Information about what a high hedge is, what the legislation is, common myths, resolving a high hedge problem, getting guidance documents and forms, fees, action that the council can take, how to appeal and who to contact.
The council has the power, under the Anti-social Behaviour Act 2003 and the High Hedges Regulations 2005, to deal with complaints about high hedges which affect residential properties.
To be covered by this legislation a hedge needs, as a result of its height, to be acting as a barrier to light or access to the extent that a person's reasonable enjoyment of their property is being adversely affected.
The hedge must be made up of all or a majority of evergreen or semi-evergreen species, over 2 metres (6.5 feet) in height and formed of a line of two or more trees or shrubs.
Examples of evergreen species regularly used in hedging are: leylandii, holly, yew and laurel.
An example of a semi-evergreen is privet which does not lose its leaves in winter in this part of the UK. Species such as beech which retain dead leaves over winter do not meet the definition, nor do species such as ivy which are not self-supporting.
The hedge must also impact on a residential property (house, bungalow, flat etc) or part of a property in more than one use, which is being used for residential purposes (such as a flat over a shop).
A hedge may also affect more than one property and it is always worthwhile discussing the matter with other affected neighbours who may also wish to approach the hedge owner separately or jointly or be party to a joint application.
It is not illegal to own a high hedge nor, despite the principal legislation under which these controls were enacted, will you receive an Anti-social Behaviour Order (ASBO) because your hedge is too high. Another common misunderstanding in this legislation is that people must reduce hedges down to 2 metres (6.5 feet) in height.
If a tree or hedge located on neighbouring land overhangs your property, you can exercise your common law right to prune any overhanging branches, or encroaching roots back to the boundary, providing you do not destabilise the tree or hedge, or damage it unduly.
You must not go beyond the boundary without the owner's consent and any material removed from the tree or hedge should be offered back to the owner.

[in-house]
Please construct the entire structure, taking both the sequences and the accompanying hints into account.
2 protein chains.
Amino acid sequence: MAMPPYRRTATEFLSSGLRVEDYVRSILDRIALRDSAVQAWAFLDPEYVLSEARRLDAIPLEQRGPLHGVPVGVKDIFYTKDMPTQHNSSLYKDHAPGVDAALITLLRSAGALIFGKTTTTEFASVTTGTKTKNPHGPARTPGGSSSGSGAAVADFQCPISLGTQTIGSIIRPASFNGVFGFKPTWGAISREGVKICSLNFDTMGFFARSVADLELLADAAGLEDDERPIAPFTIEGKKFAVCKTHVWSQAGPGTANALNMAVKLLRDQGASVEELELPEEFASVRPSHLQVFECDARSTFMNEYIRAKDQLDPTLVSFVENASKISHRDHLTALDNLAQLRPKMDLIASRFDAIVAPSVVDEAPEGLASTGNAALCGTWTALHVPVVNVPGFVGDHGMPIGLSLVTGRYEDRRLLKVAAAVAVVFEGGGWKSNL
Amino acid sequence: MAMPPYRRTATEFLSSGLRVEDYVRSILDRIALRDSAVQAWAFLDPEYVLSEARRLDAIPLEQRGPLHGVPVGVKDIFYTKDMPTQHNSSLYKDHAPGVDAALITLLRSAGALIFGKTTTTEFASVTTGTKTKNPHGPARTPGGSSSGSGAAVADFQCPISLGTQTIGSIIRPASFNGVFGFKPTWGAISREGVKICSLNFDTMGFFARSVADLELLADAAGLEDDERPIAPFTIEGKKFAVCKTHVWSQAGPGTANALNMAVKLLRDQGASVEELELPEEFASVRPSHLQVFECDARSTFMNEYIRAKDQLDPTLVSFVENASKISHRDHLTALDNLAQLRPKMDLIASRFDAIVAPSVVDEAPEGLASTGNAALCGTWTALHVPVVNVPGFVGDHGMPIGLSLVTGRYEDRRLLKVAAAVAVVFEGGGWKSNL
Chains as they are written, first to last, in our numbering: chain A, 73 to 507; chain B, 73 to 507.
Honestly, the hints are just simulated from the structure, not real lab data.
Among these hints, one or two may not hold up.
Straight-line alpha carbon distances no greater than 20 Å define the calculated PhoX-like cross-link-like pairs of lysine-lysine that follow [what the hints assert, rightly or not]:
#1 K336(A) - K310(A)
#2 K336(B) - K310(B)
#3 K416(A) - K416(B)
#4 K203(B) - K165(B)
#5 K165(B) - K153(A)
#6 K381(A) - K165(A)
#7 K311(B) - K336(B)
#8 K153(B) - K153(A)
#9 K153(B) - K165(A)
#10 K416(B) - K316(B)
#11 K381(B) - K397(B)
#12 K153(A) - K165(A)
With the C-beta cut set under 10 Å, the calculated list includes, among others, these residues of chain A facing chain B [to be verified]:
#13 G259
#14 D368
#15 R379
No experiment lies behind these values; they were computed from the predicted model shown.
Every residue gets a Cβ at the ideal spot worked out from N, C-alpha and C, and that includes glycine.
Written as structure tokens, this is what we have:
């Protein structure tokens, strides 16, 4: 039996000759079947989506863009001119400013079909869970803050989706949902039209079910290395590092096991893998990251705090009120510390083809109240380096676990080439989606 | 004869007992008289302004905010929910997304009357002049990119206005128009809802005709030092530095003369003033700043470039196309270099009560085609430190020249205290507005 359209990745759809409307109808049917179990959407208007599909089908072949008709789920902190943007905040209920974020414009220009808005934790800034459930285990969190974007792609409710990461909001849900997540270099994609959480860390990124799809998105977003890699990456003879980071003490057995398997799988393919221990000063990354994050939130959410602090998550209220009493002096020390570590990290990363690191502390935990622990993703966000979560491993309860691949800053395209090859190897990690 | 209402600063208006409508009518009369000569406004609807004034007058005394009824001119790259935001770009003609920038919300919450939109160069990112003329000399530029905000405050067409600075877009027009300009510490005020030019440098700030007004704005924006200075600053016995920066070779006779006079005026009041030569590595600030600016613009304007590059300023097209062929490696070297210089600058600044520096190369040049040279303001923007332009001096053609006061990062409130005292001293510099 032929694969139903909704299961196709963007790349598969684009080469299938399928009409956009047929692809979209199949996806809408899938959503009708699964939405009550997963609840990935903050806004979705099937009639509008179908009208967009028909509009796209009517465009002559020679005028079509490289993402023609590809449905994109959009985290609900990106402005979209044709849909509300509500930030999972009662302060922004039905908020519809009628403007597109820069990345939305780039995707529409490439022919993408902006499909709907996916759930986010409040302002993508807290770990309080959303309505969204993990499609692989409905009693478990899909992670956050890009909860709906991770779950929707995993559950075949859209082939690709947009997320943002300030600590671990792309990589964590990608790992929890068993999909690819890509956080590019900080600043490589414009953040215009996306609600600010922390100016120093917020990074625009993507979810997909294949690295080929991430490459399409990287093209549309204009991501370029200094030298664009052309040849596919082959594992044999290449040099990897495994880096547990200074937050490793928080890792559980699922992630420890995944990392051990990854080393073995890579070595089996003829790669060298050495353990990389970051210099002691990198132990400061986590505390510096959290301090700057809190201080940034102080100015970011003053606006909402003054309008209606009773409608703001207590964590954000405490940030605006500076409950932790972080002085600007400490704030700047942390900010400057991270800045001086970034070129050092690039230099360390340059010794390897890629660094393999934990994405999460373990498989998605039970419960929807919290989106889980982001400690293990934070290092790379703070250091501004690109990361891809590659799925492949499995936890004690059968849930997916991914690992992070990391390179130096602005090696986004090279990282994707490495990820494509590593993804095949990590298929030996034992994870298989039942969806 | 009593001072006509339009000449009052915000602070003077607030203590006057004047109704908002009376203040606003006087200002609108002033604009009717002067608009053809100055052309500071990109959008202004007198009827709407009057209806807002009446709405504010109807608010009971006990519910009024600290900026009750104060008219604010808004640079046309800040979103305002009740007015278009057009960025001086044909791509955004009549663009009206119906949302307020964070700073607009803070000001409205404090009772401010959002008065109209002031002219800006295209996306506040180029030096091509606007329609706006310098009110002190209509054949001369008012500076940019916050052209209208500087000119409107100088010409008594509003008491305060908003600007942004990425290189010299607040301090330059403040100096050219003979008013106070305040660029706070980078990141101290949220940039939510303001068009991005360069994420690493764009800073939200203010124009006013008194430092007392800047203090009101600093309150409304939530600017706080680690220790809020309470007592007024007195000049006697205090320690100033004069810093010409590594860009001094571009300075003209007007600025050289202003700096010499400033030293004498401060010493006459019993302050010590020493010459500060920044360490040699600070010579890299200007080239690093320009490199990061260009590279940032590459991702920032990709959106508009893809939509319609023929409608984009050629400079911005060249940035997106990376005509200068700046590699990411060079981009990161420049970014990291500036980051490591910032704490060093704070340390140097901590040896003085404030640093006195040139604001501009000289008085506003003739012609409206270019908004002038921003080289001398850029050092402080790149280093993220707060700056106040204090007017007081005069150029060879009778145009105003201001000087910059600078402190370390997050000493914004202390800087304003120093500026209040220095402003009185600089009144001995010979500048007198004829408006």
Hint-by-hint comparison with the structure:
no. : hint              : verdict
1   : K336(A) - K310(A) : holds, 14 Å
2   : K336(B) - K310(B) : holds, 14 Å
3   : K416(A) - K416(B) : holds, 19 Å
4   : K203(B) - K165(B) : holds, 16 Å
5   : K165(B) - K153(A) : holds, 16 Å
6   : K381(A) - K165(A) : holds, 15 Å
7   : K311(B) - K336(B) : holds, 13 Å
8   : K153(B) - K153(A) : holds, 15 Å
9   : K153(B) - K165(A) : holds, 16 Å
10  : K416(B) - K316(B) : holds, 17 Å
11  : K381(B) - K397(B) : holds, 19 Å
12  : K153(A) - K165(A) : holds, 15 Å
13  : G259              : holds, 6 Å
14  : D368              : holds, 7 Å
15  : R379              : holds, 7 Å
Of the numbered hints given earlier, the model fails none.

The legislation requires the complainant(s) to have attempted to resolve the high hedge issue by negotiation with the hedge owner(s).
This can be by verbal discussion or by letter, however it must include two or more attempts to secure a solution before a formal 'application for investigation' can be made.
Many people affected by high hedges are reluctant to do this, often due to poor neighbour relations or through not wanting to upset their neighbours.
This is, however, a necessary part of the process and must be undertaken.
Should these contacts not resolve the matter an application for investigation can be made to the council.
The council has produced a 'High Hedge Pack' which provides copies of the application forms and guidance.
Application form and guidance document (pdf 199kb opens in new window)
Guidance notes for completing the High Hedges "Application for Investigation" form (pdf 155kb opens in new window)
The pack also includes a further two documents produced by the Department of Communities and Local Government (DCLG). These government documents can be accessed through the following links.
GOV.UK - High hedges - complaining to the council (external website)
Over the garden hedge (external website)
Copies of these documents can also be provided by contacting us on (01482) 393719.
The Department of Communities and Local Government (DCLG) website contains detailed publications which explain the legislation in more detail and provide guidance for use in considering high hedge cases. The two most useful documents can be accessed through the links below.
High hedges complaints: Prevention and cure (external website)
Hedge height and light loss (external website)
The second of these documents 'Hedge height and light loss' contains a spreadsheet which allows you to insert the details from your property to assess the outcome of any potential case.
It should be stressed that in some cases this may not be easy to do for a person who does not have specialised or professional knowledge of a subject, and any results should be only taken to be an indication.
It may also be possible for officers to work through this with you on the telephone, if you are able to provide the dimensions required for your property.
There is a fee involved for making such an application and details of the fees involved and concessions available can be found in the council's pack (in the pdf document "Application form and guidance document").
Currently, the standard fee for a high hedge application is £320.
Many wildlife habitats are protected under the Wildlife and Countryside Act 1981 (as amended) and the Countryside and Rights of Way Act 2000 making it an offence to kill, injure or take wild birds, their young, their eggs or nests.